Editor’s note: Our in-house beacon expert Jonathan Shefftz found what he considered to be an issue with his new Ortovox 3+ when he updated his review last week. Below, Marcus Peterson of Ortovox North America responds in what I feel is a very thorough and thoughtful way. If you’re new to this, please read Jonathan’s post before you read below. Otherwise, have at it. (And thanks Marcus, for taking the time to work this.)
Lou and WildSnow readers, thanks for the opportunity to contribute to the discussion.
I would like to preface my remarks by saying that I have known Jonathan Shefftz for several years and have always found him to be conscientious and of the highest integrity.
Regarding Jonathan’s comments on How Well It Works… on the recent Ortovox 3+ blog post and thread, my thoughts focus on Electro Magnetic Interference (EMI).
Page 26 of the 3+ Owner’s Manual affirms that the 3+ complies with Part 15 of the FCC Operation Rules. Specifically: (1) the device may not cause harmful interference, and (2) the device must accept any interference received, including interference that may cause undesired operation. This is a requirement of every transceiver sold into the U.S.A.
Luckily, most rescues and recoveries are performed in remote areas where EMI is not a factor. Practice sessions and beacon drills in an urban setting are a completely different matter. To insure a “quiet” practice site, it is recommended that (if available) one use an older analog beacon to provide a baseline for your practice site and help identify suitable practice sites. Switch it to “receive”, adjust the manual volume control to the highest setting and listen to the amount of “crackling” noise (EMI) heard, paying special attention to whether or not the crackling is concentrated in a specific area.
The test we performed at Stratton Mountain was done approximately 30 meters from a lift transformer, in the middle of a cluster of 4 lifts (one being a gondola) and a row of commercial buildings next to the slope. No visible overhead power lines. The 3+ did display some “flutter” among all that EMI, however, pin point searches were able to be performed. Jonathan’s video shows “flutter” for approximately 10 meters, which would indicate some source of EMI in the immediate area. Of additional note is the fact that in acquiring and following a signal, left to right movement of the unit should be minimal (typically less than 5 degrees off center) and deliberate. Broad, sweeping movement can slow searches because the processor is forced to continually re-evaluate position.
I have performed hundreds of searches in my “backcountry” practice field and have never experienced 180 degree “flutter”, even with pre-production models this past summer. I spent 4 hours outside with Jonathan’s unit (in two locations). In my backyard practice field, I performed at least 20 different scenarios of single and double searches with no “flutter” in single burials. With double burials, I could have been vectored up to 90 degrees depending on the orientation of the second transmitter.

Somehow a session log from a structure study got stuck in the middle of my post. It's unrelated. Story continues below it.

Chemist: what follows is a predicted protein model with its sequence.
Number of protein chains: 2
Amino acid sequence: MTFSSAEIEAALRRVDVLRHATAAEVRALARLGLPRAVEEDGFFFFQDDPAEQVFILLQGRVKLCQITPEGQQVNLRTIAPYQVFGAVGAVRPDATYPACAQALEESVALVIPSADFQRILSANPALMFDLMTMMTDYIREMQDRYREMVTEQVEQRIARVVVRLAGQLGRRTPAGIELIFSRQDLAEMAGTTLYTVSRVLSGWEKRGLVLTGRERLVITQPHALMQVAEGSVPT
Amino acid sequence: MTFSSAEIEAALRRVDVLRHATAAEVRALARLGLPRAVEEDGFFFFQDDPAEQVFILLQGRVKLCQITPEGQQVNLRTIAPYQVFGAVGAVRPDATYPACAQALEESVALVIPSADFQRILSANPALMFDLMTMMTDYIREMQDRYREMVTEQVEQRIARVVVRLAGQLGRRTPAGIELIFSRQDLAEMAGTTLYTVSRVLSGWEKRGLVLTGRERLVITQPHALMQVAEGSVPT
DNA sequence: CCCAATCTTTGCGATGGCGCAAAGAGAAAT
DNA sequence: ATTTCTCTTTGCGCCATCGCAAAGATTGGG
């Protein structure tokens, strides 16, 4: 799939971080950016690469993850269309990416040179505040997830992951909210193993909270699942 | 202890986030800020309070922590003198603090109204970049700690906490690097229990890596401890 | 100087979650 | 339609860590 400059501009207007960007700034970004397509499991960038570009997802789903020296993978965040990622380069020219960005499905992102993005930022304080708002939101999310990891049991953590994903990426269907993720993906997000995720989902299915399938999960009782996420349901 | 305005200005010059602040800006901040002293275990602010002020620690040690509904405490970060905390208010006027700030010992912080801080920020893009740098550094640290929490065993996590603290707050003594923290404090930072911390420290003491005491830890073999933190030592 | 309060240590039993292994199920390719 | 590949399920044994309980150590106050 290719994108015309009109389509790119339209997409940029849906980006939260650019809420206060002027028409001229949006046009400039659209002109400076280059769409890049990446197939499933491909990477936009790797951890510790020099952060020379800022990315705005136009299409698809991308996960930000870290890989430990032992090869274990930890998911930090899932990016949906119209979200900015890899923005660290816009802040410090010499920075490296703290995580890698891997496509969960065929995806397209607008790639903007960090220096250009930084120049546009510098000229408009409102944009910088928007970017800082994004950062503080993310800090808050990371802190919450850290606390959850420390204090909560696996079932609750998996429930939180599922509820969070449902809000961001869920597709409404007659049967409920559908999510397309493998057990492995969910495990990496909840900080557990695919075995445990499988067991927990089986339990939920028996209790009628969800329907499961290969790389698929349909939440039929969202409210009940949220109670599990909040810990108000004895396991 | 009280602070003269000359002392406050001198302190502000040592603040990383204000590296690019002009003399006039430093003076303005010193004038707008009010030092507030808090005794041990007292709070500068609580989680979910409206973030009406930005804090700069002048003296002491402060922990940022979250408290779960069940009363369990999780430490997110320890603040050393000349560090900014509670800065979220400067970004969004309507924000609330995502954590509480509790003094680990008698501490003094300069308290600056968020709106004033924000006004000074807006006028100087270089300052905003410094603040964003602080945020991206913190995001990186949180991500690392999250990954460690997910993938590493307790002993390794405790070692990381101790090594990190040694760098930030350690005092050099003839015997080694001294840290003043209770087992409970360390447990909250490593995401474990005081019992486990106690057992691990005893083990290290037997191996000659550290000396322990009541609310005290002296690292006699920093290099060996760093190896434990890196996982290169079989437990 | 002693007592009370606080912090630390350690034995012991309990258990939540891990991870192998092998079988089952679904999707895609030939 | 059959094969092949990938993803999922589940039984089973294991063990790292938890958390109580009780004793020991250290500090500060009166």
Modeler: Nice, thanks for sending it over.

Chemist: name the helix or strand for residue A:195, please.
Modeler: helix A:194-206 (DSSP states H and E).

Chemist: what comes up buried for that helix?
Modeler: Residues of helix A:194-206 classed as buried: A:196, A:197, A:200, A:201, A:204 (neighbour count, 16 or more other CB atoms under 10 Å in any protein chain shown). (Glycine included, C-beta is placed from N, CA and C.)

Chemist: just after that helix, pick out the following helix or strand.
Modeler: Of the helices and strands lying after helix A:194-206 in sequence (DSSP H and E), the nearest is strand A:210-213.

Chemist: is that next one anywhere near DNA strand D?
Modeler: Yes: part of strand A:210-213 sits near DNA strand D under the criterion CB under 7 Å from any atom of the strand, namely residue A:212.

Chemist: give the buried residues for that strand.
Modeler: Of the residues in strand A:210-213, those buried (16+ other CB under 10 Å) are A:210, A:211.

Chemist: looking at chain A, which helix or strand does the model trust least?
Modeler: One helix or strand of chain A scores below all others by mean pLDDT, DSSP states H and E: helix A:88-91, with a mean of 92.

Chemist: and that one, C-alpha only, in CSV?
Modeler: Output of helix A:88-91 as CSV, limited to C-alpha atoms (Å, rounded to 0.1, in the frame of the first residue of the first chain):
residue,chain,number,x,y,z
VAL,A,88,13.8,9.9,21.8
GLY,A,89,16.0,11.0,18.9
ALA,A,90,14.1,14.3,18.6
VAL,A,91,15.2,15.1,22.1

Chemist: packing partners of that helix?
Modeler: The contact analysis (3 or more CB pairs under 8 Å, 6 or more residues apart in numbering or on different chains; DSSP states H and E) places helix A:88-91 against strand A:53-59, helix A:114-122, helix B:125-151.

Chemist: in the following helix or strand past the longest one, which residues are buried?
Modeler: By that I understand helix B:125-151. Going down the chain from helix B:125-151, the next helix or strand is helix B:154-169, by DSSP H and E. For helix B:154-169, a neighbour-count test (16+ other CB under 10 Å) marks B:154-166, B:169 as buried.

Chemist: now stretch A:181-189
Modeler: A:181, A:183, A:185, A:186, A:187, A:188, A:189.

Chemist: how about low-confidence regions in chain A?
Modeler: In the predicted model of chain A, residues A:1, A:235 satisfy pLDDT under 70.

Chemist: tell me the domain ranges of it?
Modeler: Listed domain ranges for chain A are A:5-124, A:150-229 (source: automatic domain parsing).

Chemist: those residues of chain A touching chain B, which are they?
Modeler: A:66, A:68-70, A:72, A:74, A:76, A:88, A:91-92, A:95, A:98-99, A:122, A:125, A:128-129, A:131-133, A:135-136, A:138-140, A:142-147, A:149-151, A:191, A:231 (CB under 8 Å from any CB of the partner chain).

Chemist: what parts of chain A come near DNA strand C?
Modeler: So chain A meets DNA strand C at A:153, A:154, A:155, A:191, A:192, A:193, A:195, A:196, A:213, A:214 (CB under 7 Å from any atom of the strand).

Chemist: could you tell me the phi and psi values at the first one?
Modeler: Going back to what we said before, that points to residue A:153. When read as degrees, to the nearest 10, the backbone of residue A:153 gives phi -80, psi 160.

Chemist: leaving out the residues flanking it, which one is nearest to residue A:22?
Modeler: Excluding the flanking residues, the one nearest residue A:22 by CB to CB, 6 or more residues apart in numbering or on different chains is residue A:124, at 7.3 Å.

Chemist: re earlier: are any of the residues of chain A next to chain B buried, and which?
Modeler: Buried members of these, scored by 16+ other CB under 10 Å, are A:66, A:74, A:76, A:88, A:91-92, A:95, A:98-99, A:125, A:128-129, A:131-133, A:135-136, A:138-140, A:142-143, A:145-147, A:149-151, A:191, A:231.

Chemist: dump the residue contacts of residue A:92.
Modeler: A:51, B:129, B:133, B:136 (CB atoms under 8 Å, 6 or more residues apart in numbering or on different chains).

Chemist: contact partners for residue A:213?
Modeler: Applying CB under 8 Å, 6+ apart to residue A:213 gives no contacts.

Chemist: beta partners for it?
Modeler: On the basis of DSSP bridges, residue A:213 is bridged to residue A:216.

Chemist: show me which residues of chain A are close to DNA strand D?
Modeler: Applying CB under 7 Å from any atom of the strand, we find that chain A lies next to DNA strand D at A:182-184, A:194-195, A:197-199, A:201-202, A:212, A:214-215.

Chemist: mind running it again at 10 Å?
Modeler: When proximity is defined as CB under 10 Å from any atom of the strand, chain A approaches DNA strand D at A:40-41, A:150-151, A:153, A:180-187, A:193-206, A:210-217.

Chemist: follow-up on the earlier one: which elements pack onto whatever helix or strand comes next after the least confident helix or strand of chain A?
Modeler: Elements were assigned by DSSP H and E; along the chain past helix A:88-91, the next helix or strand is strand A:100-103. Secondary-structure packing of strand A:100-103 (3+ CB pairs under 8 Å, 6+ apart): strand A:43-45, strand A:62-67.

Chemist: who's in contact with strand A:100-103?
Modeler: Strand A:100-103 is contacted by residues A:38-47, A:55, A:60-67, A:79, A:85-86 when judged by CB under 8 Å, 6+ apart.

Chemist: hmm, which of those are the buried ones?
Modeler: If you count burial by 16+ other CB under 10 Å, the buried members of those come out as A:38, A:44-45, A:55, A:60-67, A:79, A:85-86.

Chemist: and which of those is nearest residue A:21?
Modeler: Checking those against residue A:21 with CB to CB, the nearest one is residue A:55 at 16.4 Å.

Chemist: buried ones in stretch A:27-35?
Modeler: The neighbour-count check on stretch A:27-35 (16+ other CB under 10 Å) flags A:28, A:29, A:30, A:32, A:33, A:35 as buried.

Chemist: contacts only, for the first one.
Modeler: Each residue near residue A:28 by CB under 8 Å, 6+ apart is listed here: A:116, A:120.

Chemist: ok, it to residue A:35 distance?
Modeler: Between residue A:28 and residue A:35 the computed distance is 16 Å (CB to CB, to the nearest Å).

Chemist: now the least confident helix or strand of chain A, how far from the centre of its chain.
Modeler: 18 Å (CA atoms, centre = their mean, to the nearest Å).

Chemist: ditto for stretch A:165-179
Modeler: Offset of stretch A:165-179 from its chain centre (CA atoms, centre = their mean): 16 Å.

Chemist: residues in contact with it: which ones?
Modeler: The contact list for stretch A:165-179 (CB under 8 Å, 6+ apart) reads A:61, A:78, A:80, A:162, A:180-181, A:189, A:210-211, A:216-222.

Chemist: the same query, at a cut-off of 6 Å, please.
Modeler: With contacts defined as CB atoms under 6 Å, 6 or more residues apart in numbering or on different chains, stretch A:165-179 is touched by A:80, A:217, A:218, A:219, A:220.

The other site was in the front yard where underground electrical service bisects the search area. I performed 15 single searches with no “flutter”, even directly above the buried electrical service.
I was unable to replicate his “flutter”. Not in a backcountry setting. Not in a setting with some EMI. Below, please see a video of my testing.
I also reviewed the search on facewest.co.uk and my overall opinion is that the beacon worked as designed with one “flutter” at five (5) meters. The searcher completely stopped rather than continuing the search. The processor in any beacon needs information in order to perform calculations; this is accomplished by MOVING! Movement to adjust direction should be deliberate and ONLY enough to get the center arrow to turn “on”.
Just for the record, my definition of optimal (best coupling) range is when the beacon shows numbers and, in the case of the 3+, an arrow in any direction.
I would also like to address Jordo’s comment regarding opening his “new” 3+. All Ortovox beacons for the past 30 years have used Energizer batteries, which ship installed in the units. Ortovox manufactures tens of thousands of beacons annually, and four (4) different models. All of our beacons are tested at each step in the assembly process and must successfully pass at each station before progressing to the next. At the last station, batteries are installed for final test. All units leave the factory within specification and in good working order. On rare occasions circumstances out of our control enter the equation and a purchased unit right out of the box might not function properly. The unit could have been damaged in transit or mishandled once leaving the factory. Jordo should return the unit to us in New Hampshire (455 Irish Hill Road, Hopkinton, NH 03229). We’ll send him a new unit and his will be shipped to the Product Manager for a thorough examination.
One other thing: When commenting on Interface and Controls, Jonathan hoped the production model would have a “cheat sheet” (for errors) affixed to the back of the beacon. According to the EN 300-718 standard, 4.2.10: “A short form of operating instructions shall be printed on the case”. While an error “cheat sheet” would certainly be a benefit, there is simply no extra room on the back of the unit after the operating instruction requirement is fulfilled.
Marcus Peterson, Ortovox